As a child, I remember our family spending Thanksgiving in many locations. Whether it was in North Carolina or Washington state, Ohio or Arizona, the location varied as much as the people with whom we spent the day. Sometimes we celebrated with families we barely knew, and sometimes we celebrated with just us (along with any extra travelers we had with us).
I have always had a special spot in my heart for Thanksgiving. This holiday does not contain all of the rush and stress of the Christmas holiday, where we run around like maniacs, searching for that perfect gift or buying that last-minute stocking stuffer. You still get all of the same delicious food, but you have more time to reminisce and enjoy the season.
For some reason this year, my memory keeps slipping back to a specific Thanksgiving we had one year in North Carolina. The church where our bus was parked next to provided a “Thanksgiving Basket” for us. Most of the items were frozen foods. Because we had no oven on the bus, we had to use the church’s kitchen in the fellowship hall. If my memory serves me correctly, the kitchen did not have an oven, either, but they did have a microwave. We heated our food, one item at a time . . . a process that seemed to take forever. I remember that the building was not very warm. But we were together and we made memories.
Then came the day we built a log home in West Virginia. Now we finally had a permanent location to celebrate Thanksgiving and Christmas and the occasional summer family reunion. The cabin fairly bustled with activity: a blazing fireplace and pungent cedar log walls and towering beams and half-circle window and wrap-around porch and sparkling lights and dashing children and sisters chatting and brothers joking and Dad’s deep-fried turkey and chocolate pies and . . . always, always the rousing music. And then the cousins and aunts and uncles came and we laughed and sang and made up crazy songs about the first Thanksgiving and corn and Squanto. Those memories fill my mind and heart now–the long-ago microwave Thanksgiving dinner receding into the distant past.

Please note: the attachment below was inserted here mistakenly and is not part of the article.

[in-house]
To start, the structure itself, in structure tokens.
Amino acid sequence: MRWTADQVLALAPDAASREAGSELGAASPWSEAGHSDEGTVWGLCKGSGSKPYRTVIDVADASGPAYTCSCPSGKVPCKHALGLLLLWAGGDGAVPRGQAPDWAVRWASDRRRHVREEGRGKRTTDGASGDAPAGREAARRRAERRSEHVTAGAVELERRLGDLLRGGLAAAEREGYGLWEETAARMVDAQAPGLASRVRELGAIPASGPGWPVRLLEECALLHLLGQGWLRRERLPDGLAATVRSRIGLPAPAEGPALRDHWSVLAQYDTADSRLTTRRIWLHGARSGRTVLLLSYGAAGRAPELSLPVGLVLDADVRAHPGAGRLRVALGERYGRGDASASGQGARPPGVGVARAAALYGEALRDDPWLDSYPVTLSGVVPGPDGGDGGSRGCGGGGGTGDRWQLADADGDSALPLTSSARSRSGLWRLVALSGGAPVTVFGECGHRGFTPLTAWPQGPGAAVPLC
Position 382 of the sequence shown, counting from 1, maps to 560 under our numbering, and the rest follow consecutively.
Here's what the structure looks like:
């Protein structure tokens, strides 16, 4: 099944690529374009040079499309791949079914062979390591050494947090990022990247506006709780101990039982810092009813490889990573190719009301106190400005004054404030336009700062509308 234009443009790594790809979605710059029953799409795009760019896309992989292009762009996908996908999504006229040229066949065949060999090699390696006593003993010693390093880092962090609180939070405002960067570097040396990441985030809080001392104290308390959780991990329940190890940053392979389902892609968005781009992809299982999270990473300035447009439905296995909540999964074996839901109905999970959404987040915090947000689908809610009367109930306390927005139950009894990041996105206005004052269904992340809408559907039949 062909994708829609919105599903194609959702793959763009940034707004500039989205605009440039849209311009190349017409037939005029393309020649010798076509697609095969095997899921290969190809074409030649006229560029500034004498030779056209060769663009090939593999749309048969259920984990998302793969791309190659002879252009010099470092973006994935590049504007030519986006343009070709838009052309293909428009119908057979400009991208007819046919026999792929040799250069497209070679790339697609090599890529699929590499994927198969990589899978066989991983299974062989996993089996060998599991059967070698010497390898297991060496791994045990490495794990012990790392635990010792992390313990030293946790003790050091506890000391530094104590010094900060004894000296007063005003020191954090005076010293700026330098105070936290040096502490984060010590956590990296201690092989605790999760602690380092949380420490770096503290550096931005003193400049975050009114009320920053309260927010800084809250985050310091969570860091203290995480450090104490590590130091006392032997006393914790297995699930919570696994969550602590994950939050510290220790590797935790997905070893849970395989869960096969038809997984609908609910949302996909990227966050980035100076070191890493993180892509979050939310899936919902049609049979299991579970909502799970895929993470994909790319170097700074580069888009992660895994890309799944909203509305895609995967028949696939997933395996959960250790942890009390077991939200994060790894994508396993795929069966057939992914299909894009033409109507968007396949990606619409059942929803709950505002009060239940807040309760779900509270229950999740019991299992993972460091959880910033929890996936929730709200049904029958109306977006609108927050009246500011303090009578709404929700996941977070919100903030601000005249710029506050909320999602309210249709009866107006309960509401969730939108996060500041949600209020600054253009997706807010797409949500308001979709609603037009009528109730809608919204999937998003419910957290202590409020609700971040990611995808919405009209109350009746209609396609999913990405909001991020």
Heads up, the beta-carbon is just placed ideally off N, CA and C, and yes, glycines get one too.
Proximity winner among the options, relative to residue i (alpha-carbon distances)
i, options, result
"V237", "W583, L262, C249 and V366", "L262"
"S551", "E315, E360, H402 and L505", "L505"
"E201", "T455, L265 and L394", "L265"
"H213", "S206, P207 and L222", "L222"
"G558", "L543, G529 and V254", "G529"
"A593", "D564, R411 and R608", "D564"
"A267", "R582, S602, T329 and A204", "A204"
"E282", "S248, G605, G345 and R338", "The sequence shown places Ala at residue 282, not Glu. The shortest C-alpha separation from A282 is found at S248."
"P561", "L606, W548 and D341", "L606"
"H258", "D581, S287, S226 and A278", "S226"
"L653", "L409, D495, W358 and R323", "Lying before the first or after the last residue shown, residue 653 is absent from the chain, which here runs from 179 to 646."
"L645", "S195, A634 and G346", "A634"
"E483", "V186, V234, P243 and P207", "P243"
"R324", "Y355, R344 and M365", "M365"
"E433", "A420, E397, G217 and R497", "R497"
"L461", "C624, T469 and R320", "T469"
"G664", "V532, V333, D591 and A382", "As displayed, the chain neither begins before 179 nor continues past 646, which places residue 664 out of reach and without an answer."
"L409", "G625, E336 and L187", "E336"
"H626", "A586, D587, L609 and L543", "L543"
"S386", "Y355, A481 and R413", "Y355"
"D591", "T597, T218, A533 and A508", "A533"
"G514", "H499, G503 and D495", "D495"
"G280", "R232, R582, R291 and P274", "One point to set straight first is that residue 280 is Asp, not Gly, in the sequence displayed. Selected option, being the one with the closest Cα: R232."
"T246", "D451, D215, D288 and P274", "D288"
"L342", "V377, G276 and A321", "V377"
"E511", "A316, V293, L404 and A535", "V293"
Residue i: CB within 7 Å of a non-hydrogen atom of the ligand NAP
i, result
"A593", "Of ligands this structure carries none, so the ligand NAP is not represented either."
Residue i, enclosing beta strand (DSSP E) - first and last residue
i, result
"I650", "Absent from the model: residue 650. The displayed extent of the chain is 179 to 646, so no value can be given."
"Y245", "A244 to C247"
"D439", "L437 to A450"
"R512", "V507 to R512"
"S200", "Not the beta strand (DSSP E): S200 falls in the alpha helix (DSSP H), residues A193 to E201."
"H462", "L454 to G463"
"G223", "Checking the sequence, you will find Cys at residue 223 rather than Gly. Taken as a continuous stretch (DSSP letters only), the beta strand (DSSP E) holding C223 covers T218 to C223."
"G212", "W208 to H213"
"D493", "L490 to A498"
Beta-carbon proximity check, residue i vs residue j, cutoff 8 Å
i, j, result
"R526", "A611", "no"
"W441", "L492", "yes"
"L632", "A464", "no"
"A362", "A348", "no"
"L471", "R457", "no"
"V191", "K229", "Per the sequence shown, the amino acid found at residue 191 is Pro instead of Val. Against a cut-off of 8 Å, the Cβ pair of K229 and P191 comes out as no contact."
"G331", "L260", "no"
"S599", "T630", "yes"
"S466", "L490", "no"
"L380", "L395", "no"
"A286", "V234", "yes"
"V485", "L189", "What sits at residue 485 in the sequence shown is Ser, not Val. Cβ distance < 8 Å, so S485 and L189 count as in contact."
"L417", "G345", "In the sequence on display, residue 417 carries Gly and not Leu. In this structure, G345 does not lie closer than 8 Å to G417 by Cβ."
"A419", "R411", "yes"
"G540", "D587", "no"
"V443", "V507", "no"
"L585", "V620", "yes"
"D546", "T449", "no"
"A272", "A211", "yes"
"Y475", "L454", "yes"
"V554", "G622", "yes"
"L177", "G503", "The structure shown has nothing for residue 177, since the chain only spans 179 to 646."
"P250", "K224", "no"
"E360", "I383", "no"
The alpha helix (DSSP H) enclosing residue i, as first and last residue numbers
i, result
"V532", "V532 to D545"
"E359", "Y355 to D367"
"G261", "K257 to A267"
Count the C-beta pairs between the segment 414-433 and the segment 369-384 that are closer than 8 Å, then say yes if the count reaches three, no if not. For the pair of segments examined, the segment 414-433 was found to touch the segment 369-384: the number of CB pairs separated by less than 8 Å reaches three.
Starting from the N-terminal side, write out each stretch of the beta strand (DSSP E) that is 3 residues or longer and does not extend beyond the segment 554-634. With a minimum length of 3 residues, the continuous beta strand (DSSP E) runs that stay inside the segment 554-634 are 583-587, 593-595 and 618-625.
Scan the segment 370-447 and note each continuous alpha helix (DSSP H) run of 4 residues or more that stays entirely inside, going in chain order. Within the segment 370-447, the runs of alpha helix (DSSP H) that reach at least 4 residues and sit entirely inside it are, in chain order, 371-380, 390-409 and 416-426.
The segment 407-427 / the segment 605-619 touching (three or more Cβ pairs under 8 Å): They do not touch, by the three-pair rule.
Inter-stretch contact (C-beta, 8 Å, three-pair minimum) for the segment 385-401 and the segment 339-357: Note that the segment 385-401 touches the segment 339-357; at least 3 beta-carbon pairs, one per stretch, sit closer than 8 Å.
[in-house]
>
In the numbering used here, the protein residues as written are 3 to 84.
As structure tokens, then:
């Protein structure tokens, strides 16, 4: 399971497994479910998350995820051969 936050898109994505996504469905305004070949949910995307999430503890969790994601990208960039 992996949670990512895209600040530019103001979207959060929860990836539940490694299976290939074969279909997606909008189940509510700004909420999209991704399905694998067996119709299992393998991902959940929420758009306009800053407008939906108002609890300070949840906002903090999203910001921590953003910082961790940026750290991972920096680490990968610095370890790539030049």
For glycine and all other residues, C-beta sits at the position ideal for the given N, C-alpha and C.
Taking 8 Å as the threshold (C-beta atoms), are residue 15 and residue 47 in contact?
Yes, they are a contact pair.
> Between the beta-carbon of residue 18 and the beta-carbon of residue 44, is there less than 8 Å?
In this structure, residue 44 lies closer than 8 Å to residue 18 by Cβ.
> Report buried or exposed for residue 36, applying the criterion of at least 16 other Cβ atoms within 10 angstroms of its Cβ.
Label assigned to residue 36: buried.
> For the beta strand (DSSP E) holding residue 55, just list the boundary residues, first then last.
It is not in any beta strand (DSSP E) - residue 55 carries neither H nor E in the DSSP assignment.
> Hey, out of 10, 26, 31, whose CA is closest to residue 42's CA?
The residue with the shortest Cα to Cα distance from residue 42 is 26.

This year, I will be far from that cabin and the noise and the family ties. A sharp ache throbs inside and the sweep of loneliness envelopes me as I think of being so far from home. But deep in my heart the memories will remain, cherished and protected. And as I stop and ponder, I realize I have a host of family members around me still.
My church family has become my family now in so many ways. Parents and sisters and brothers and grandparents and too many nieces and nephews to count. And I will be happy to spend the next few days with a dear friend and her family and extended family, sharing food and fellowship and friendship.
The last few days, Colossians 3:15 has quietly challenged me:
“And let the peace of God rule in your hearts, to the which also ye are called in one body; and be ye thankful.”
Be thankful–no matter where I am or what I am doing. Be thankful in the hectic moments. Be thankful in the quiet moments. Be thankful in the good circumstances and the bad circumstances. The command is clearly stated. Not “Maybe you should be thankful,” or “I would suggest that you be thankful.” Be. ye. thankful.
And when I do stop to give thanks, joy fills me. After all, who says I cannot have a little Thanksgiving all on my own, deep in my own heart?